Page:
On March 17th, a space rock slammed into the Moon's Mare Imbrium and created a brief 4th-magnitude flash — the brightest by far recorded to date — that could have been seen by the unaided eye.
Over the past eight years, the observers assigned to NASA's Meteoroid Environment Office have looked at a lot of boring video of the Moon. But every week or so they record a tiny, brief flash caused by a space rock slamming into the lunar nightside.
On March 17th, the team got very lucky. One of the MEO's 14-inch telescopes sited near the Marshall Space Flight Center in Alabama recorded an unexpectedly bright flare. The second-long flash peaked at about 4th magnitude, meaning it could have been picked up by eye had anyone gazed upon the Moon's fat waxing crescent at that moment.
"If we had been looking at the monitors at the right time we would surely have noticed the impact — but we weren't," recalls observer Rob Suggs, who was working with trainee Aaron Kingery that night. "Since we now have two scopes on good-quality mounts which track the Moon extremely well, we don't have to watch the screens as closely."
The flare remained undiscovered for more than a month until Ron Suggs (no relation) went through the night's observations. "It jumped right out at me, it was so bright," he notes in a NASA announcement issued last week.
Since 2005, the MEO's researchers have recorded more than 300 strikes on the lunar surface, averaging about one hit for every 2 hours of observing. Most of the flash-producing impacts occur during the Geminid meteor shower and a host of other minor ones. The goal is to determine how often space rocks hit the Moon and whether they're from predictable, concentrated sources — the kind of hazard assessment essential for safeguarding future lunar explorers.
But they've never seen anything like the March 17th event, which occurred at 3:50:55 Universal Time. The location, at 23.8°W, 20.6°N, is near the southern edge of Mare Imbrium. "It exploded in a flash nearly 10 times as bright as anything we've ever seen before," notes William Cooke, who manages the NASA effort.
Ordinarily, gauging the impactor's size solely from the flash's intensity and duration involves considerable guesswork. The burst of light isn't created from frictional heating, as happens when meteoroids enter Earth's atmosphere, but instead because even small objects deliver enough kinetic energy to momentarily superheat the lunar rubble where they strike.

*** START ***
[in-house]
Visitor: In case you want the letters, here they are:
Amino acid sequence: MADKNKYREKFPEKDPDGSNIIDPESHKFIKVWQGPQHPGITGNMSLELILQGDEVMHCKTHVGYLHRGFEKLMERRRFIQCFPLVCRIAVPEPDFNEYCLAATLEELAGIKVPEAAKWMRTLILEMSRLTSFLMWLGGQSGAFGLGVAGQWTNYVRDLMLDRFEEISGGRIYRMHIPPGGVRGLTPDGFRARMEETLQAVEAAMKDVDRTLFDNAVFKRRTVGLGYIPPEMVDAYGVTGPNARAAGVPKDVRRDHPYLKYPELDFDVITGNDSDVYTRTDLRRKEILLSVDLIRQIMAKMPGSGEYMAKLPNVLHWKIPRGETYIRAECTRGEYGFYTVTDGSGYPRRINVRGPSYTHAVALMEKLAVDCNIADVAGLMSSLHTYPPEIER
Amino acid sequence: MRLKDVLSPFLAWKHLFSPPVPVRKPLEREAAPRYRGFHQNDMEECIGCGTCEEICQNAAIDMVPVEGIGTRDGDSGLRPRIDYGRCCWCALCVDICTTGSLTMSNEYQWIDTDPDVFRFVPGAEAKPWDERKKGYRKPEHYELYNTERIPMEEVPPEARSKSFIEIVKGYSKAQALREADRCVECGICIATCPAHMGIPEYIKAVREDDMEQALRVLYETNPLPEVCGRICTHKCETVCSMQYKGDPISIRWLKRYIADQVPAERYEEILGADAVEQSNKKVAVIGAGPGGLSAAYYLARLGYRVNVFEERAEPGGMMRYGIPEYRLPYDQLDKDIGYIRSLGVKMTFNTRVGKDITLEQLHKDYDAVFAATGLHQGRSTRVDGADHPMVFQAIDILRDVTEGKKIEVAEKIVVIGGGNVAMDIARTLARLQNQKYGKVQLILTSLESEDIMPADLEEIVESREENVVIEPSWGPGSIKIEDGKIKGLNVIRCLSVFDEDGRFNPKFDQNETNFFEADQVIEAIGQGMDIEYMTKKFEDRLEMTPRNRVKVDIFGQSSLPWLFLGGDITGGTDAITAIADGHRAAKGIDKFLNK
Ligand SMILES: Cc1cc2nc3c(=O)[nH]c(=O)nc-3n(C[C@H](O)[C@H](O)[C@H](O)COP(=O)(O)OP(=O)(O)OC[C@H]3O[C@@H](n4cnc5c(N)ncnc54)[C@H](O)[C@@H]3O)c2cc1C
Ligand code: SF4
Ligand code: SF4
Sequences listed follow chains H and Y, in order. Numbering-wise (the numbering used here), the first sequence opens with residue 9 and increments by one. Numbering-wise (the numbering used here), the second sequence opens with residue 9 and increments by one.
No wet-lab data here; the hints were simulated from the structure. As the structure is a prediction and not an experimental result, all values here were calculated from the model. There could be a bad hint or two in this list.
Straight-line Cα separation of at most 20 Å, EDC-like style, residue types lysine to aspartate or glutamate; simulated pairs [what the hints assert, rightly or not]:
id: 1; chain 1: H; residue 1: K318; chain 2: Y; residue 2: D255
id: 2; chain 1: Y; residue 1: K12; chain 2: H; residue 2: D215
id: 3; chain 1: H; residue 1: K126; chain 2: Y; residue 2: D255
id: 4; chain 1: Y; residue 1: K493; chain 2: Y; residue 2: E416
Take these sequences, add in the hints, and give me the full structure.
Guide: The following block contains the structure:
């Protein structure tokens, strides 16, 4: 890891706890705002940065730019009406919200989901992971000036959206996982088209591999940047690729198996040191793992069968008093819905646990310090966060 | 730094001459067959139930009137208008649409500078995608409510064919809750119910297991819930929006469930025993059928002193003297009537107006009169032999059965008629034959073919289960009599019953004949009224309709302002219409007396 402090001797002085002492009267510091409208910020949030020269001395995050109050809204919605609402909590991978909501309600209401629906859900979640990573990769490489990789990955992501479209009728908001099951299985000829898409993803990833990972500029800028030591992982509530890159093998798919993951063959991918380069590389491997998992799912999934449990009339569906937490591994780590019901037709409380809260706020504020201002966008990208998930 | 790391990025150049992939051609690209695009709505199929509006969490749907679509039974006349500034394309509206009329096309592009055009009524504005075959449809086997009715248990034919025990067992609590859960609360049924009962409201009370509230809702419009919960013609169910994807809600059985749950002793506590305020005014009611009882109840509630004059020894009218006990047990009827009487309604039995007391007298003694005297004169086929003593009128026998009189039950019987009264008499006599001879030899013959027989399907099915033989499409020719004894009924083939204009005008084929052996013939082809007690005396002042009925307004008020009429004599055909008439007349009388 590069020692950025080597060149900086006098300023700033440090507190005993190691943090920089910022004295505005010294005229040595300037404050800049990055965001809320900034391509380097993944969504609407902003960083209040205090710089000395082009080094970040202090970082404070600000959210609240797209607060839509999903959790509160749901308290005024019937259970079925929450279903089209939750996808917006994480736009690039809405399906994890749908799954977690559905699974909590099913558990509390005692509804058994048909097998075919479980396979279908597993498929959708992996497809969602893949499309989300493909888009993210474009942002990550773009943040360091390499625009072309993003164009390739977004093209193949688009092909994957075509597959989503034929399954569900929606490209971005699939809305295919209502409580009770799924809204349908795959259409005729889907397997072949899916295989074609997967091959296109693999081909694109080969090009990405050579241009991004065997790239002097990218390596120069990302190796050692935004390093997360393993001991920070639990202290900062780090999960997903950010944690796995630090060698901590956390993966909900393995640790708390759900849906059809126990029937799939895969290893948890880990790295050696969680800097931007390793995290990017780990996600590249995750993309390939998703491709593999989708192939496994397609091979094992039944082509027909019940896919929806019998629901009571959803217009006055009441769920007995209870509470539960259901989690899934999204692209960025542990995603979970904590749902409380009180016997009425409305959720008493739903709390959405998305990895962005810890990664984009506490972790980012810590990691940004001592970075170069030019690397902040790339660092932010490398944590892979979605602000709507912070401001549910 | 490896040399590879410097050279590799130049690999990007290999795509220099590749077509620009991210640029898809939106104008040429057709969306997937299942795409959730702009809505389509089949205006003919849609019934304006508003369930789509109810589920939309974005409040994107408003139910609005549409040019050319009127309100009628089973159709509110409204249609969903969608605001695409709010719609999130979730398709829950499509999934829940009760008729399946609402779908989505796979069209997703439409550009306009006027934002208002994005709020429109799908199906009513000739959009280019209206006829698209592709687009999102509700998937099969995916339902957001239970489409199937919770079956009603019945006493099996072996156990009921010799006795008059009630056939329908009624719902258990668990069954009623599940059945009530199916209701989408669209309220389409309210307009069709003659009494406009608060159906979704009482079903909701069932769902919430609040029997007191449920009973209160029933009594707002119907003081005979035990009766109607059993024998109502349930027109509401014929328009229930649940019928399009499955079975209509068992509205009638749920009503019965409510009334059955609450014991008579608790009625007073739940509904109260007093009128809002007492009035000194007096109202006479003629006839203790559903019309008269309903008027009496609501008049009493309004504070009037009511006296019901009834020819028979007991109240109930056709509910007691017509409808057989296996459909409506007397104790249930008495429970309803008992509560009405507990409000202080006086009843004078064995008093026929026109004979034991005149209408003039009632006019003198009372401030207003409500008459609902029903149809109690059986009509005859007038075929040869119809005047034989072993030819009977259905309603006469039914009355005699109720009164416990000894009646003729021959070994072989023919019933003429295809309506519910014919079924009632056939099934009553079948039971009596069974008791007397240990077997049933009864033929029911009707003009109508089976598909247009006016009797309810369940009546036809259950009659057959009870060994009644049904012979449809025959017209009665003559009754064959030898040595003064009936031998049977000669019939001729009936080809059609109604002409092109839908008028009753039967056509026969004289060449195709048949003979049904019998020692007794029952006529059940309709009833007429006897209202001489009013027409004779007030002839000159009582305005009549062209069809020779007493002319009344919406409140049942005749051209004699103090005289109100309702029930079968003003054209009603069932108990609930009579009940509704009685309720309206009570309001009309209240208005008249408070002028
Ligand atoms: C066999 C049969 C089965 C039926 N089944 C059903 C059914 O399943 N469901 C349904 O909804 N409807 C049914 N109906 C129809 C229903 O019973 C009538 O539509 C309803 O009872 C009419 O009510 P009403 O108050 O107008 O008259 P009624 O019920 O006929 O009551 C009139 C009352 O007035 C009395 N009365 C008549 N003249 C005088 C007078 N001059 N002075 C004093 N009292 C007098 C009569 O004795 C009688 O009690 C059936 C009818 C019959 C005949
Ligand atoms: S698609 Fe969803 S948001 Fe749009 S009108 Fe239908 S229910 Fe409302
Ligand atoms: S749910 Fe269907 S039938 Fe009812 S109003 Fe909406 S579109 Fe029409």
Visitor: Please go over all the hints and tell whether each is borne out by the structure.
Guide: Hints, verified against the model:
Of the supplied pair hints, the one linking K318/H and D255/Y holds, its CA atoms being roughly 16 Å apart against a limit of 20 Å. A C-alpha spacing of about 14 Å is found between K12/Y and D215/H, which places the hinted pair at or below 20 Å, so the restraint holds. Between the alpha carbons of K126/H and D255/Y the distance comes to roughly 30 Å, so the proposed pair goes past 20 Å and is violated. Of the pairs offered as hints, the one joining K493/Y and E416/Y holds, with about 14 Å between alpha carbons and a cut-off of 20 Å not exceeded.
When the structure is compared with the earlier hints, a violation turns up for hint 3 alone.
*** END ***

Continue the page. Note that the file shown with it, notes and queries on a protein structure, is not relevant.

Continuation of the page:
Luckily, five bright fireballs were captured that same night by all-sky cameras operated at two sites in Georgia by the MEO and in southeastern Canada by researchers at the University of Western Ontario. Calculations suggest that all of those objects were traveling together in highly eccentric orbits that stretched to the inner asteroid belt (with a semimajor axis of 2.25 astronomical units), and that they arrived at 57,000 miles per hour (25.6 km per second).
Cooke believes that the fireballs and the flash in Mare Imbrium were related. So, armed with a rough orbit and some basic physics (E = ½mv2), he calculates that the lunar impactor must have been about the size of a beach ball, 30 to 40 cm across, and that its collision delivered the explosive equivalent of 5 tons of TNT.
Something of that size and mass, hitting that fast, should gouge out a crater 20 feet (6 m) across or even larger. That's big enough to turn up in high-resolution images taken by NASA's Lunar Reconnaissance Orbiter. "We are certainly looking forward to checking out the March 17th event," says Mark Robinson (Arizona State university), principal investigator for LRO's camera. "In that target area there is about 80% preexisting coverage, so it looks possible."
Meanwhile, Cooke thinks March 17th's cluster of strikes might be related to a little-known meteor shower called the Eta Virginids (or Northern March Virginids). "We'll be keeping an eye out for signs of a repeat performance next year," he says.